While their motivations for the project might have been different, their views on diversity is not. Both speak about the representation of diverse, marginalised people within Butler’s books. Butler’s books have black protagonists who realise and actualise their agency throughout her books, says Alex. Mimi’s answer hits home – Mimi, I, and most Indian readers grew up reading SFF books that had white characters in First World countries that we had never visited; it was difficult to find a way to feel represented or involved. There was always an untempered schism in our minds, as readers, since the SFF scene in India is scanty and remains untouched by international SFF trends. Moreover, it remains controlled by a male-dominated community rampant with misogyny and creates barriers for women writers of SFF.

I also asked the editors about whether they view SFF or speculative fiction differently after engaging with Butler’s work. For Alex, it has been about how Butler writes SFF; she says that in Butler’s books “there’s rarely a situation that is solved for the best with the use of violence”, and how there are multiple ways of thinking about the future, as opposed to the generic explosions and space wars. Mimi says that Butler has challenged the way she imagines things: “Many contemporary speculative fiction writers write stories like that, but Butler was possibly the first – she set the standard. Reading a Butler story isn’t reading the story alone, it’s also imagining all the stories that people like us have never learned to imagine about ourselves.

Luminescent Threads remains true to diversity throughout – most contributors are from diverse backgrounds, and you can sense their lack of privilege in their letters. There is also a sense of dystopia in the letters, as each of them face a new America, a different America, one that Butler had prepared them for but they’d never thought they’d see.

Personally, I have not known Octavia Butler as much as I’d like to. When I picked up Kindred (my first, and unfortunately only, Butler), frankly, I thought she was a white author! But that’s how the spaces in publication are – we are constantly fed content by upper class-cisgendered-white individuals, and we assume that every book we pick up is automatically by a person we won’t identify with. And most importantly, someone who won’t identify with our struggles and challenges! However, reading Luminescent Threads has changed the ways in which I view Butler – reading the contributors’ letters to her struck a chord in me. Here I was looking within people’s lives, understanding how an author has had so much influence in the way they have lived and loved. It has been an exhilarating experience to know Butler through people whose lives she has touched, and who found refuge in her complex universes.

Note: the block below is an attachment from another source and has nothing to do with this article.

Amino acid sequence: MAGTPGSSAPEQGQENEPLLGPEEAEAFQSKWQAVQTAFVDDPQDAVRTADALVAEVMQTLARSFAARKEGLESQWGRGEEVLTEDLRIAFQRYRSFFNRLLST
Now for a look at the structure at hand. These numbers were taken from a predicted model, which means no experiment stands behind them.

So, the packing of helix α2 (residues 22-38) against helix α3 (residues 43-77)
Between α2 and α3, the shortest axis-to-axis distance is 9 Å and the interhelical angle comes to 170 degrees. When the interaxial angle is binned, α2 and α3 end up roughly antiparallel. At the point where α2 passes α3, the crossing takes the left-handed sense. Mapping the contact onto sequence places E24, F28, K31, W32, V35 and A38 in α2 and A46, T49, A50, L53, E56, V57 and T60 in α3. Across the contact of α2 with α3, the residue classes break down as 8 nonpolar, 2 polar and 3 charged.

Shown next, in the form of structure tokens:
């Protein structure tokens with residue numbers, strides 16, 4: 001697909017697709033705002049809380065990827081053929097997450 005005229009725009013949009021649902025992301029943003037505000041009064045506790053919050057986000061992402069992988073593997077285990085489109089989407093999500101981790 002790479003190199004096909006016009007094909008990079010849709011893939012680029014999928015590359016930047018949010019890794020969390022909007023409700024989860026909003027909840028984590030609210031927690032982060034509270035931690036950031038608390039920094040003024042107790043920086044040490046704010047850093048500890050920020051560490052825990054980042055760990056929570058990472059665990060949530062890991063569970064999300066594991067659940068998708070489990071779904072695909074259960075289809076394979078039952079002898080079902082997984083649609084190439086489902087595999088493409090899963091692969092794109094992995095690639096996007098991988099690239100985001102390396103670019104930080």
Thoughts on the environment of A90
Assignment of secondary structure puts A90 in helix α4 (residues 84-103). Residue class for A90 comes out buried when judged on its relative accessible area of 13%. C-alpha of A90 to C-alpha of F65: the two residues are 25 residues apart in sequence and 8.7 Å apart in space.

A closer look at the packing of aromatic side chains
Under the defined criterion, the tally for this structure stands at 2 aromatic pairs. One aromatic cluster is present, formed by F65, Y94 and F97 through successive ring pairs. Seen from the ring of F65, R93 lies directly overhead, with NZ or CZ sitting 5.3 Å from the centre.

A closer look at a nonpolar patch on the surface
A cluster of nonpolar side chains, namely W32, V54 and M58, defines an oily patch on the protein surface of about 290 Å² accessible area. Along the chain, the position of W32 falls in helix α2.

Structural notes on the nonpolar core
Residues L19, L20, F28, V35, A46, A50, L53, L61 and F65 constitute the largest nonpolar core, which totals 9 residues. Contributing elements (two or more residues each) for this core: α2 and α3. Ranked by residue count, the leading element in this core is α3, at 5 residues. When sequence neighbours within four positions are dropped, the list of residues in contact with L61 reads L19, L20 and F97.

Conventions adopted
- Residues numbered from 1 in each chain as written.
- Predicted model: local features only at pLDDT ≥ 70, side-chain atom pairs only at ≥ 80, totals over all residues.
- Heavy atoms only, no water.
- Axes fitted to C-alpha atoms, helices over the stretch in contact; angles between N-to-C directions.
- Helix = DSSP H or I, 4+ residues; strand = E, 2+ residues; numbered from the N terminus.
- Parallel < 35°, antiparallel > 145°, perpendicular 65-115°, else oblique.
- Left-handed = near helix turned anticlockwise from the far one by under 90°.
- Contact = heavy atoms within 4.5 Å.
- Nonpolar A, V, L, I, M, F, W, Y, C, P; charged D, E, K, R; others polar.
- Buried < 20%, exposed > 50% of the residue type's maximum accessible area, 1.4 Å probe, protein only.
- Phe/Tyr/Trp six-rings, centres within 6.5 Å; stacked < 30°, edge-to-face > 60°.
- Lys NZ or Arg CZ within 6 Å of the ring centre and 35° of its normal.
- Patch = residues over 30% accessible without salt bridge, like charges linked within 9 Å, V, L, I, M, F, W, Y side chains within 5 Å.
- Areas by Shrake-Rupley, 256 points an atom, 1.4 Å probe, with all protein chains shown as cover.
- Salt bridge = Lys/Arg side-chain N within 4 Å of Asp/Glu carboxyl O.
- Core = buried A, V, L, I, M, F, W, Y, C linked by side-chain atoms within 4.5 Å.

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This is one of numerous posts written today at the Riot in celebration of Octavia Butler's  birthday. See all the posts here. Like so many fantastic genre writers before and since, Octavia Butler got her start when she sold the short story Crossover. Short story publishing has often provided authors of marginalized backgrounds with a better chance to get off the ground. Publishing a novel takes a greater commitment of time and money, so companies are more hesitant to pull the trigger on unknown authors with "non-traditional" backgrounds and stories. And yet, some of the most iconic works of fiction are only a few...Continue Reading